Enjoy the past comments below for Talking about colour…
Too true. Colour is very much a victim of language. I’m lucky to have a good awareness of colour. I can match any given color e.g. when buying clothes, accessories or sewing materials, without taking a sample with me. My mother was good at it, too. It’s a big help in painting. But it can be learnt and I think the best starting point is actually black. Black is probably the best example of colour not being all it seems. Is black a colour or an absence of colour? Quite a lot of painters argue about that. Watercolorists (the ones who deny themselves the joy of black) make it with all sorts of mixes. It’s there in nature in the form of carbon, jet etc. Charcoal is loved by all. It doesn’t take much white to stop black being black, though. But try matching a sweater with a pair of pants and you’ll be lucky if it’s the same. Old garments take on a green sheen. Blacks can be bluish, reddish, yellowish etc. (back+ a yellow shade makes a reliable green in every medium). For painting I can choose between many versions of black or mix one from other colours. All this is very elementary stuff. Or is it elemental? There’s a subtle difference. I find it interesting that we can often only describe a colour by mentioning something universal e.g. blood red. If you then say poppy red your brain immediately switches over (unless you’ve never seen blood or startlingly red (wild) poppies). In German, pink is actually shocking pink and the German word for pink is generally “rosa”, which I find highly misleading since there are countless pink shades and types of roses and of course, the word for rose in German is also Rose (with a capital). If we say rose pink in English we are thinking of a specially soft, pretty color – and that is also a feature of language. Germans describe some pinks as “Schweinchenrosa” = pig pink, which leaves little to the imagination. At the other end of the scale is white, which is undeniably another color conundrum – at the very latest when you try to describe it. Tell someone who has never seen snow that something is as white as snow and they won’t really know what you are talking about. Fortunately, kind manufacturers put colour labels on their products. Mind you, a color from one manufacturer won’t necessarily be the same as that color from a different manufacturer. The clue for the painter is probably association….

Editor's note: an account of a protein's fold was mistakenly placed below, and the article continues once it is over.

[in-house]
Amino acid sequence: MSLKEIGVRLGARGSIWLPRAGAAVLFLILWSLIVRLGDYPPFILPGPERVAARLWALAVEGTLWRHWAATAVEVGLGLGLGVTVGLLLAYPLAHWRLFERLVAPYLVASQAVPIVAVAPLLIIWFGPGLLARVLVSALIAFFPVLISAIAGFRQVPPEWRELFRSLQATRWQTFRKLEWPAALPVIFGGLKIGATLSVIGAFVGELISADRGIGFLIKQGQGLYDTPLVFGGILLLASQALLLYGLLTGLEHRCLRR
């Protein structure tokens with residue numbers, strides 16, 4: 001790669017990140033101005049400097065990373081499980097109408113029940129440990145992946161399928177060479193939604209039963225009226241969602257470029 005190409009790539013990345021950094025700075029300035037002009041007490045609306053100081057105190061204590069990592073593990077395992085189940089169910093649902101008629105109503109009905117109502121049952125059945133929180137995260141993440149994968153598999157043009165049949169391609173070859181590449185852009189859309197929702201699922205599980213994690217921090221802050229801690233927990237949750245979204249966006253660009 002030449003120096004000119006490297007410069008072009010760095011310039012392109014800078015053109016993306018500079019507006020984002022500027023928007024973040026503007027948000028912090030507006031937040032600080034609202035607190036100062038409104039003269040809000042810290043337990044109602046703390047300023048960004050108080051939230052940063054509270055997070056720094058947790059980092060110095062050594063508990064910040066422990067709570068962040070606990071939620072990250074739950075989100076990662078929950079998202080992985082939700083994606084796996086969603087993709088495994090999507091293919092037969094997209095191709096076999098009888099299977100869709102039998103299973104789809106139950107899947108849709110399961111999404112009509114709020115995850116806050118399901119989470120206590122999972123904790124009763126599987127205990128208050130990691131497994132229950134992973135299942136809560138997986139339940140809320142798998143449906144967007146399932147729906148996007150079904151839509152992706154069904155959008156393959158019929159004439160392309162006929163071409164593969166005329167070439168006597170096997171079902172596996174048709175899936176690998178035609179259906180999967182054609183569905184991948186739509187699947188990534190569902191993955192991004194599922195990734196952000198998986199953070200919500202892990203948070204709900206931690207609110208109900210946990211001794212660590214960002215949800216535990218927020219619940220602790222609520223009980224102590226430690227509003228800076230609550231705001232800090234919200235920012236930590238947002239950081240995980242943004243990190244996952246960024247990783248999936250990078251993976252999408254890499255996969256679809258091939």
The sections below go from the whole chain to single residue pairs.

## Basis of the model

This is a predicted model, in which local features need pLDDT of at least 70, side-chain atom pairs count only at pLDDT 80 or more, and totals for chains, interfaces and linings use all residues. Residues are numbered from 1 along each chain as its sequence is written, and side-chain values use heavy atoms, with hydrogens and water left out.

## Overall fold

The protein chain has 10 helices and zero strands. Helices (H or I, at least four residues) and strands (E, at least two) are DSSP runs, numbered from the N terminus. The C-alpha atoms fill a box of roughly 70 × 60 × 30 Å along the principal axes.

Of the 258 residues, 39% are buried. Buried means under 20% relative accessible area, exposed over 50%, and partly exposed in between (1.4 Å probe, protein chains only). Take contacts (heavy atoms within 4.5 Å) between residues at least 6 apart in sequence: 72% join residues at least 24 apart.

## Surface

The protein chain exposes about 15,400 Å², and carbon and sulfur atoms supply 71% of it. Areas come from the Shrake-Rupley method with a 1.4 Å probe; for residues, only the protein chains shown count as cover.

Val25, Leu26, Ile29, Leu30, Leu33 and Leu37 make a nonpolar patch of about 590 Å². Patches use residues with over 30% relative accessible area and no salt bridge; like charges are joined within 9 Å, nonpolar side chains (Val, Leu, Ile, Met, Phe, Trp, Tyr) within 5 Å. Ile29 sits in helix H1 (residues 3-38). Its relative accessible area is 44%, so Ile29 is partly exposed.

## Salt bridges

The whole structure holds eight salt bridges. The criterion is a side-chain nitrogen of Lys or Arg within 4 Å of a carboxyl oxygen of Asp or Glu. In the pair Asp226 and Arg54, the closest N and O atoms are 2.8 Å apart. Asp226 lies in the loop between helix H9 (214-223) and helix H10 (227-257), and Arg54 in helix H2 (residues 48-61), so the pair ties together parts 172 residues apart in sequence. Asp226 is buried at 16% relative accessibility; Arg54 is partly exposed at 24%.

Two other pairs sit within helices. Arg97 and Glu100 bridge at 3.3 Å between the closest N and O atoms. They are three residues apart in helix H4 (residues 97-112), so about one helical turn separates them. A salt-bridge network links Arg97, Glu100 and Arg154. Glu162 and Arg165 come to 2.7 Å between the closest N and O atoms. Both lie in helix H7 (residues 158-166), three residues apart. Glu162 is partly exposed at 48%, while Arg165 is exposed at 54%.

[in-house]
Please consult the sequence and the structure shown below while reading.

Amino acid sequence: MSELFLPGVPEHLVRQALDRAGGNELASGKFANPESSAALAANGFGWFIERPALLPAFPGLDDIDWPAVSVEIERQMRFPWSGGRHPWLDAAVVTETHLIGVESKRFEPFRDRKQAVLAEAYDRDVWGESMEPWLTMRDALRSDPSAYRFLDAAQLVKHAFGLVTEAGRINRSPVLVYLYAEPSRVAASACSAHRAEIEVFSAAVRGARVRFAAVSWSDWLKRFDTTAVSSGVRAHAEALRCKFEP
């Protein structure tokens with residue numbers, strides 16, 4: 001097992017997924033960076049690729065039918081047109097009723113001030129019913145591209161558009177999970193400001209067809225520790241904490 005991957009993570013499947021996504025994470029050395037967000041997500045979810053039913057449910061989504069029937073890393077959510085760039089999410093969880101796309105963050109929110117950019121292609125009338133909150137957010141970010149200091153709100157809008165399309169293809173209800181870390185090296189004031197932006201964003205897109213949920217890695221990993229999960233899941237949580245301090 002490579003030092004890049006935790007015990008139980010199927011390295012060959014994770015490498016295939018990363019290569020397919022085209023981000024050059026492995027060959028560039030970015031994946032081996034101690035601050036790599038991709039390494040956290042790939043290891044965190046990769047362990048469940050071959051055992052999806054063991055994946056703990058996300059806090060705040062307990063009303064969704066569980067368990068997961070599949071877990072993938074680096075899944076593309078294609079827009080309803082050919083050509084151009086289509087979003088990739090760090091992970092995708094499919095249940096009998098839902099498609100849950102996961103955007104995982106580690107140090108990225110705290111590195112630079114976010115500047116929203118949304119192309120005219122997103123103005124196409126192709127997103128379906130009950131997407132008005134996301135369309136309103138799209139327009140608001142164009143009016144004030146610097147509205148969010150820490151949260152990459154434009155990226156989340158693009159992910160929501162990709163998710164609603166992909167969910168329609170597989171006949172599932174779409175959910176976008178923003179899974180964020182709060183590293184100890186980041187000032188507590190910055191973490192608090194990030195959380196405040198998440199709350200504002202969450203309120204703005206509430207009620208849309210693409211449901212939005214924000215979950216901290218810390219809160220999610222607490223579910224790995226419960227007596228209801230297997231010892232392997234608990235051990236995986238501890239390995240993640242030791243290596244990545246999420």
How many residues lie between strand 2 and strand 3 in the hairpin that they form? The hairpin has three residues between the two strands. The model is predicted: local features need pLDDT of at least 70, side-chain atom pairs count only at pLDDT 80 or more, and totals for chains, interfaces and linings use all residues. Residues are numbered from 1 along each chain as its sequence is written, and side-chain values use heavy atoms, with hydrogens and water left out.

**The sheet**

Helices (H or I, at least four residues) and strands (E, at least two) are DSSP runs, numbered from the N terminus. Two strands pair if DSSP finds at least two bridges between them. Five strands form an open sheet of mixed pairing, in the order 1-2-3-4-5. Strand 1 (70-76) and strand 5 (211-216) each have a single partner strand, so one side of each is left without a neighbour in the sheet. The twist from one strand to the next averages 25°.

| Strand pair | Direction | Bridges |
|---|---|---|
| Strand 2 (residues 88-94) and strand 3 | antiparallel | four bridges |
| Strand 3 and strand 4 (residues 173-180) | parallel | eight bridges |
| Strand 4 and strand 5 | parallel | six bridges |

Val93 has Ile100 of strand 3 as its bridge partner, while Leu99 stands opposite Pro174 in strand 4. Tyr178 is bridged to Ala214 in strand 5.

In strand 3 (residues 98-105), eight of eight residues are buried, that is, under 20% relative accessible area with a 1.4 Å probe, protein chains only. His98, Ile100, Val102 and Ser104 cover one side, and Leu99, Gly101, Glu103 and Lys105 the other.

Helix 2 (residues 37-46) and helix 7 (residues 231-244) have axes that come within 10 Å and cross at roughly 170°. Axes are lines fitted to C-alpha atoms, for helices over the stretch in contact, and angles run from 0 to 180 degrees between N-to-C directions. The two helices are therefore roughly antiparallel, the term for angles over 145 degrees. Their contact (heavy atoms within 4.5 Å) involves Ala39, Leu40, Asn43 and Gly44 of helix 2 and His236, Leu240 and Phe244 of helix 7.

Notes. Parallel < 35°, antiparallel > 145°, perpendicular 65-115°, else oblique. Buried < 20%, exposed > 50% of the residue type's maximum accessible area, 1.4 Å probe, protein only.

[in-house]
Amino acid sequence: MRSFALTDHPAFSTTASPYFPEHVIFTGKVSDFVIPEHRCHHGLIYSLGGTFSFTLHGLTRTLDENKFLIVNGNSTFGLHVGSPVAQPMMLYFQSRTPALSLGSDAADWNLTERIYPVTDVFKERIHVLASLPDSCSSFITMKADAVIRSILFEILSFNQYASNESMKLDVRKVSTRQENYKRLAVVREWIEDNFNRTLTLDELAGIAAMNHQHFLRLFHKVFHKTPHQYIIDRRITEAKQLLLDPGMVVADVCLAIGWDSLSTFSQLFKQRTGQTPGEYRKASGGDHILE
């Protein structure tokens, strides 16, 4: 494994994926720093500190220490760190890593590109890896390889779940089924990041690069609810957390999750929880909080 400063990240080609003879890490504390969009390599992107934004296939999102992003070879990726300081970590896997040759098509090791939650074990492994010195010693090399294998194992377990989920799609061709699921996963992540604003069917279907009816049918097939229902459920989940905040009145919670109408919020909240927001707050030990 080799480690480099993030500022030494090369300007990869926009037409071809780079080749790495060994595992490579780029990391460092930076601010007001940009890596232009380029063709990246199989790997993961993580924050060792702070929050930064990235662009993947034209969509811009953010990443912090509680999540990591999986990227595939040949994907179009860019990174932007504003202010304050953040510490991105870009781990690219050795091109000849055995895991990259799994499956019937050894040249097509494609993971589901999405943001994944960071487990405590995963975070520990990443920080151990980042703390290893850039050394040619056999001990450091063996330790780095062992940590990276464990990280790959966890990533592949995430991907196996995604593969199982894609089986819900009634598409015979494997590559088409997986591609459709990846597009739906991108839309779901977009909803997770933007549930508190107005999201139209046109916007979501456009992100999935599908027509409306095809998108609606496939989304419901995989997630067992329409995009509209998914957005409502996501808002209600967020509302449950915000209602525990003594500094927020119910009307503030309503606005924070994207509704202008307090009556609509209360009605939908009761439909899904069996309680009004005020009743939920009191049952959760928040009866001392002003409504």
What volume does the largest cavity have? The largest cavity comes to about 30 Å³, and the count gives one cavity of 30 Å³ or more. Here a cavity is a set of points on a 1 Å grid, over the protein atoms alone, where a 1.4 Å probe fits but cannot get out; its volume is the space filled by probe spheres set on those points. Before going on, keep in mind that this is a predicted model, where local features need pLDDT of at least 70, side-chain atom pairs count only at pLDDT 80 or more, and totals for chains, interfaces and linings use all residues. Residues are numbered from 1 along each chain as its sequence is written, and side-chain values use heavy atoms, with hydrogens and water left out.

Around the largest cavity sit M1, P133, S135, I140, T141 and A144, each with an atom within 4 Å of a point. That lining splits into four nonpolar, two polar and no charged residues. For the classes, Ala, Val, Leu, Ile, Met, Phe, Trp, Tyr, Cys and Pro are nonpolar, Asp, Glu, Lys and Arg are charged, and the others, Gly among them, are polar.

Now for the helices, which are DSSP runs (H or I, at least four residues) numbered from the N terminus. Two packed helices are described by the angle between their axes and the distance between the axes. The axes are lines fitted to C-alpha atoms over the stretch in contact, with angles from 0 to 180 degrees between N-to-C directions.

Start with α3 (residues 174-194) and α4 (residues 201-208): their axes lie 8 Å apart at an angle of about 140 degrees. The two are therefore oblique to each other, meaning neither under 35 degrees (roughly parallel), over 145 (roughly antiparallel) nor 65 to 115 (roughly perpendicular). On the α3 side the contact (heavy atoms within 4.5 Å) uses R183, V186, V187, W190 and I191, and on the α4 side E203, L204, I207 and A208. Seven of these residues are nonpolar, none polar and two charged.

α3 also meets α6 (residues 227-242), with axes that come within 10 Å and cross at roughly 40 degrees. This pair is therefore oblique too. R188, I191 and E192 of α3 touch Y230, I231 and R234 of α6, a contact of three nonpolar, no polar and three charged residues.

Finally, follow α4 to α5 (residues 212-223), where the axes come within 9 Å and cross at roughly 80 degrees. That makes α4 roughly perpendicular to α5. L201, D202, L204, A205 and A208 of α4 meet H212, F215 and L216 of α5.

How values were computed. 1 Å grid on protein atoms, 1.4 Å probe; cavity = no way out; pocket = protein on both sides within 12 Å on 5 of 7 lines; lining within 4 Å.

Great Article. I spent yesterday afternoon battling through practical perception issues with communication science students. Your succinctness would have helped a lot.
Even if you could go to the art supply store and buy “cigar brown”, you would still have some mixing to do in order to paint all the colors you’ve perceived in your cigar. That’s why I teach the (Un)limited palette in workshops and on my website, http://johnfarnsworth.com/%28un%29limited-palette.html. With the right three and white, you can paint all that you see. With a little practice, finding the right color can be so much easier. But you still have to see beyond “brown cigar” “green tree” “blue sky”, etc. John Farnsworth
Great article, really enjoyed it. I have struggled with trying to explain to students how very small differences in color make a huge difference! One think I found that helps is to learn to create neutral colors from combining complementary colors- it is absolutely an eye opener to see how many neutrals there are. And learning with hands-on color mixing exercises, for those who cannot yet see the hues that subtle neutrals are made from, is alot of fun, too. After mixing black into color to try to create unusual neutrals, students are amazed how easy it is to see the difference once these exercises are accomplished with complementary colors instead. You will never take a neutral color for granted again! And you will also know better how to harmonize your palette for your paintings or, in the case of my students, for interior design.